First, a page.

India reports biggest one-day coronavirus spike as lockdown eased

Additional 1,553 cases reported over 24 hours, raising the national total past 17,000, while at least 543 have died.


India has recorded its biggest single-day spike in coronavirus cases as the government eased one of the world’s strictest lockdowns to allow some manufacturing and agricultural activity to resume.

An additional 1,553 cases were reported over 24 hours, raising the national total past 17,000 on Monday. At least 543 people have died from COVID-19, the respiratory disease caused by the virus, and epidemiologists forecast the peak may not be reached before June.

The nationwide lockdown imposed on March 24 halted all but essential services. Starting on Monday, limited industry and farming were allowed to resume where employers could meet social distancing and hygiene norms and migrant workers were allowed to travel within states to factories, farms and other work sites.

“In the event a group of migrants wish to return to their places of work within the state where they are presently located, they would be screened and those who are asymptomatic would be transported to their respective places of work,” India’s home ministry said in a letter to state governments.

However, government surveys in the central Indian state of Maharashtra, the worst-hit by the virus, have suggested the few companies eligible to restart operations can do so because they are required to transport and shelter workers as a virus-prevention measure.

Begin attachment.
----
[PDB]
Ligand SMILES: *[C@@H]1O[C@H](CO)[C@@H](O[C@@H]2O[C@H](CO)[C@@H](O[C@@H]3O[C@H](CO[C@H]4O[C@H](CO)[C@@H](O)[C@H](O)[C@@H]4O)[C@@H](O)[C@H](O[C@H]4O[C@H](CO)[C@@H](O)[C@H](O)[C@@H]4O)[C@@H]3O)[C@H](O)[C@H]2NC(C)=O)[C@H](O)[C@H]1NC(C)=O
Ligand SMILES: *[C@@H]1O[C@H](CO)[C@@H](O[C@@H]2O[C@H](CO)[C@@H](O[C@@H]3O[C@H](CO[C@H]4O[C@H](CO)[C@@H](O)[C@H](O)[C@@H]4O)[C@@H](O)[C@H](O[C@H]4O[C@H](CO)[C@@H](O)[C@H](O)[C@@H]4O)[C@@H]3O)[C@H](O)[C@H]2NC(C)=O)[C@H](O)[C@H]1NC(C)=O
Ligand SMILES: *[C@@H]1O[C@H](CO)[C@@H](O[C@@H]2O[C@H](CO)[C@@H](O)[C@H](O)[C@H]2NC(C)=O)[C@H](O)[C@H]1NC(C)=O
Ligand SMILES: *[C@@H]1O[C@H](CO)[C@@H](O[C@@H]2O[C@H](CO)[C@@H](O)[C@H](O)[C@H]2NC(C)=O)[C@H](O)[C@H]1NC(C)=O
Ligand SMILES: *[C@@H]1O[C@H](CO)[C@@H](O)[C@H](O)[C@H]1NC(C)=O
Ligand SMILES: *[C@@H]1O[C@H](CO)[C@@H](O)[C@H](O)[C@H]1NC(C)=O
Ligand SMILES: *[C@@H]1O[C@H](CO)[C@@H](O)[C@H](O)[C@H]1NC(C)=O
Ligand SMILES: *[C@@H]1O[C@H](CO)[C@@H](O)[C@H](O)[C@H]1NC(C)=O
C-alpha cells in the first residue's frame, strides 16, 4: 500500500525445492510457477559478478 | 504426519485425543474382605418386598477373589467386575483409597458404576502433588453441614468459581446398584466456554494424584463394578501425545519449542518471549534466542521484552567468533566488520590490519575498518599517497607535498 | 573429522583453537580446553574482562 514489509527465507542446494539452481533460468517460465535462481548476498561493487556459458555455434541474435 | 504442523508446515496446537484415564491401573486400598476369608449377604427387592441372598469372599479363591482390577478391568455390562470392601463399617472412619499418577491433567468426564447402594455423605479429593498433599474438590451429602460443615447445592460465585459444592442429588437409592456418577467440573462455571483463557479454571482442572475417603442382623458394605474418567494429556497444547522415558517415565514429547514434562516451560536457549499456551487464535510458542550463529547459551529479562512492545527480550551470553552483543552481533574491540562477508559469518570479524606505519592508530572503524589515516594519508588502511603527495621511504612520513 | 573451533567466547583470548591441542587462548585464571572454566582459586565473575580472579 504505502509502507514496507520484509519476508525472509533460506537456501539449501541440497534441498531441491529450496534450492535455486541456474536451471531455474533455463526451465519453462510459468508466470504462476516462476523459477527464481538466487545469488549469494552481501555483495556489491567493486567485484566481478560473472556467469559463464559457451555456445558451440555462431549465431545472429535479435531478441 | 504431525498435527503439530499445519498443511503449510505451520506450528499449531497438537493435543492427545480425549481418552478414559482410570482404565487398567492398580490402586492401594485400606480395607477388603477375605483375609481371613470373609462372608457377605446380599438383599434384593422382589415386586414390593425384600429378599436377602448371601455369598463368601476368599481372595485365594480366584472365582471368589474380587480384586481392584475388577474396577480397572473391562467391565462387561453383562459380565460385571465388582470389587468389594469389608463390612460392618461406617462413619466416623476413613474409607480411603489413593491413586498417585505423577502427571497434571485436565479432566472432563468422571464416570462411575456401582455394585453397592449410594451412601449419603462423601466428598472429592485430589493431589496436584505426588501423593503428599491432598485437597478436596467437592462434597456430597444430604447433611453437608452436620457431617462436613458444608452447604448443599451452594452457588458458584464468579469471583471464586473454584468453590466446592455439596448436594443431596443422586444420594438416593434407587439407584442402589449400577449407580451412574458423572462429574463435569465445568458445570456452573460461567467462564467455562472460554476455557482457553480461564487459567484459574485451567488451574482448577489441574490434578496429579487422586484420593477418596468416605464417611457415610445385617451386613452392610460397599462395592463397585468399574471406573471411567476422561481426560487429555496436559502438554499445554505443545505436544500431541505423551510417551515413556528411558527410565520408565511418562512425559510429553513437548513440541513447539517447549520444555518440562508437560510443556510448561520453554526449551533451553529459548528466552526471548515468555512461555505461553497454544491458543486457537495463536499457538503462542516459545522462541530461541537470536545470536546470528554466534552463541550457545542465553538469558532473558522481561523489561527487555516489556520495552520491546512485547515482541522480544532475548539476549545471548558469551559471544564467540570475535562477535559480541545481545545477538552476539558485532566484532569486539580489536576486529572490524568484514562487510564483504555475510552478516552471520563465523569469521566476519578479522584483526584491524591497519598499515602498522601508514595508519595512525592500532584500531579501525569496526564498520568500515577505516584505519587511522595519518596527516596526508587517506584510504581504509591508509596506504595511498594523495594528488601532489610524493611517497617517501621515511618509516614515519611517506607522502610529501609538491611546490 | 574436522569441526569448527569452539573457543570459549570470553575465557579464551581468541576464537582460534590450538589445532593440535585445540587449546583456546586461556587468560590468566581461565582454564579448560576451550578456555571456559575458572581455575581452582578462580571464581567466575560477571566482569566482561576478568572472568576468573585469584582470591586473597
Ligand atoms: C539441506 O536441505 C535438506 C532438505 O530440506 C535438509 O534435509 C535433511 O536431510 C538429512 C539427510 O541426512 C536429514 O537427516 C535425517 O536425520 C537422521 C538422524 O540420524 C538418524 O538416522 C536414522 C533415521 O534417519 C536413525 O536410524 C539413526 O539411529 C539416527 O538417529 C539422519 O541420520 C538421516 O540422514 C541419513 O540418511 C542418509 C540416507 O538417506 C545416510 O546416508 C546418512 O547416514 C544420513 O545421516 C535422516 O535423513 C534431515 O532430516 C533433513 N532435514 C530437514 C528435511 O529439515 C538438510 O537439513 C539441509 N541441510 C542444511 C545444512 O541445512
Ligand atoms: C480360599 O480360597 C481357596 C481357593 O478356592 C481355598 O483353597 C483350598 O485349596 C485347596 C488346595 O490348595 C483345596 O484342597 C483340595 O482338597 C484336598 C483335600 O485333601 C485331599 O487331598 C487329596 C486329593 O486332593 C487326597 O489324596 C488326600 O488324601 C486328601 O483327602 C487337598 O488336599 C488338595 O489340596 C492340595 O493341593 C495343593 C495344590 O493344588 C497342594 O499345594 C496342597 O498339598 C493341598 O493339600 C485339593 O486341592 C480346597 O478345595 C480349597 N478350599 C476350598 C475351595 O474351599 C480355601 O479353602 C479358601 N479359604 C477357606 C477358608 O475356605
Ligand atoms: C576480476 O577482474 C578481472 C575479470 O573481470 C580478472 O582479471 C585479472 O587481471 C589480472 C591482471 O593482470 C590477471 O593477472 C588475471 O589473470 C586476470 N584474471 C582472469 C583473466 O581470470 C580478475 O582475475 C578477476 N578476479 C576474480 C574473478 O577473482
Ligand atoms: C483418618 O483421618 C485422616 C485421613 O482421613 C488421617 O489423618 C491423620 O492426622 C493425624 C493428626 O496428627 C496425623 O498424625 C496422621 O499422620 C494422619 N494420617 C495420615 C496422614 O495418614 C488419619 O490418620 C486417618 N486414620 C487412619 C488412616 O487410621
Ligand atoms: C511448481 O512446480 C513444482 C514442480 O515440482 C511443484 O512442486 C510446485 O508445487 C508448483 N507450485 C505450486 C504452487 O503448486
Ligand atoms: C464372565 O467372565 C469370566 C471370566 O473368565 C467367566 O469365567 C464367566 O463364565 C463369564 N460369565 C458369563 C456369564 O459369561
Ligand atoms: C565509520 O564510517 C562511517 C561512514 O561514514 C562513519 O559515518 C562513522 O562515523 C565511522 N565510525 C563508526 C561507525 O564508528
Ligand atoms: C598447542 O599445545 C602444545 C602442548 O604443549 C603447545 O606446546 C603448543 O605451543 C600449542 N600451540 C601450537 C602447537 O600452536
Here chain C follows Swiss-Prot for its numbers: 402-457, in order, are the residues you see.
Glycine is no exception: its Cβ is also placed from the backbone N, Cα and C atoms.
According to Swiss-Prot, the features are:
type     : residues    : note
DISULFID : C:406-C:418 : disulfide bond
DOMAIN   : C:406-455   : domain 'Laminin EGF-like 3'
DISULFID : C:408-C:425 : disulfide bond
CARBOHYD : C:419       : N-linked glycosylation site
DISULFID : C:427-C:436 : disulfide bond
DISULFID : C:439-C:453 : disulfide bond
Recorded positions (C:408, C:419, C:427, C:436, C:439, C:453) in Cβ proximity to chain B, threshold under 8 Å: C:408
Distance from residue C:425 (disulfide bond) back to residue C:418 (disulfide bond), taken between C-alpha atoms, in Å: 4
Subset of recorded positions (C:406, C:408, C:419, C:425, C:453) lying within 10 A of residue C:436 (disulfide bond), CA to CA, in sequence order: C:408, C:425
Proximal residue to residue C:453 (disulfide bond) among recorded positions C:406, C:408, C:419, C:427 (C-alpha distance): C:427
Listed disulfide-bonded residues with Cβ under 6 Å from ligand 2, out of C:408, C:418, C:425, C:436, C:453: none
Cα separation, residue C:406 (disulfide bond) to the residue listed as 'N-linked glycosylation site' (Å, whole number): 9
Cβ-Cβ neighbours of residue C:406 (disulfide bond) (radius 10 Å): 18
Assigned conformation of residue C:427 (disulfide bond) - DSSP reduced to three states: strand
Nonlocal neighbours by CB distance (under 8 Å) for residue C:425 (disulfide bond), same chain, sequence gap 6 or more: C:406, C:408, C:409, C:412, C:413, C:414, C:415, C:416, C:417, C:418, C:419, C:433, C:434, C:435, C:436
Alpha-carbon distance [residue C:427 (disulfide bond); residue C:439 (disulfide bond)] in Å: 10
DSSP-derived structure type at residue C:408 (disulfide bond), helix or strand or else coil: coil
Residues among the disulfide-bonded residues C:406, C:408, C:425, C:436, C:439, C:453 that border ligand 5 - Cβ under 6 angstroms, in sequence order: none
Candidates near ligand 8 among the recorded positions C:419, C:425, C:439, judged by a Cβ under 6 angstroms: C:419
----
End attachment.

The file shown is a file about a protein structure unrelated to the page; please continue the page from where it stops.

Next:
While a partial lifting of a curfew permitted the restart of coal plants and oil refineries, animal feed and agro-industry and other labour-intensive manufacturing such as brick kilns, much of the country remained under lockdown.

India’s airspace was closed to commercial traffic, its passenger rail system, buses and metros were halted, e-commerce was restricted to food and other essentials, and schools, stadiums and houses of worship remained closed until May 3.

India is also continuing to ramp up testing, build up stocks of ventilators and personal protective equipment and prepare makeshift isolation wards and dedicated COVID-19 hospitals.

In Mumbai, the capital of Maharashtra and home to one of Asia’s largest slums, city authorities were planning to administer hydroxychloroquine to thousands of slum-dwellers over 14 days to gauge whether the drug helped to slow the spread of the disease in a place where social distancing norms are not possible to achieve.

It was unclear how many people would participate in the experiment, or when it would begin.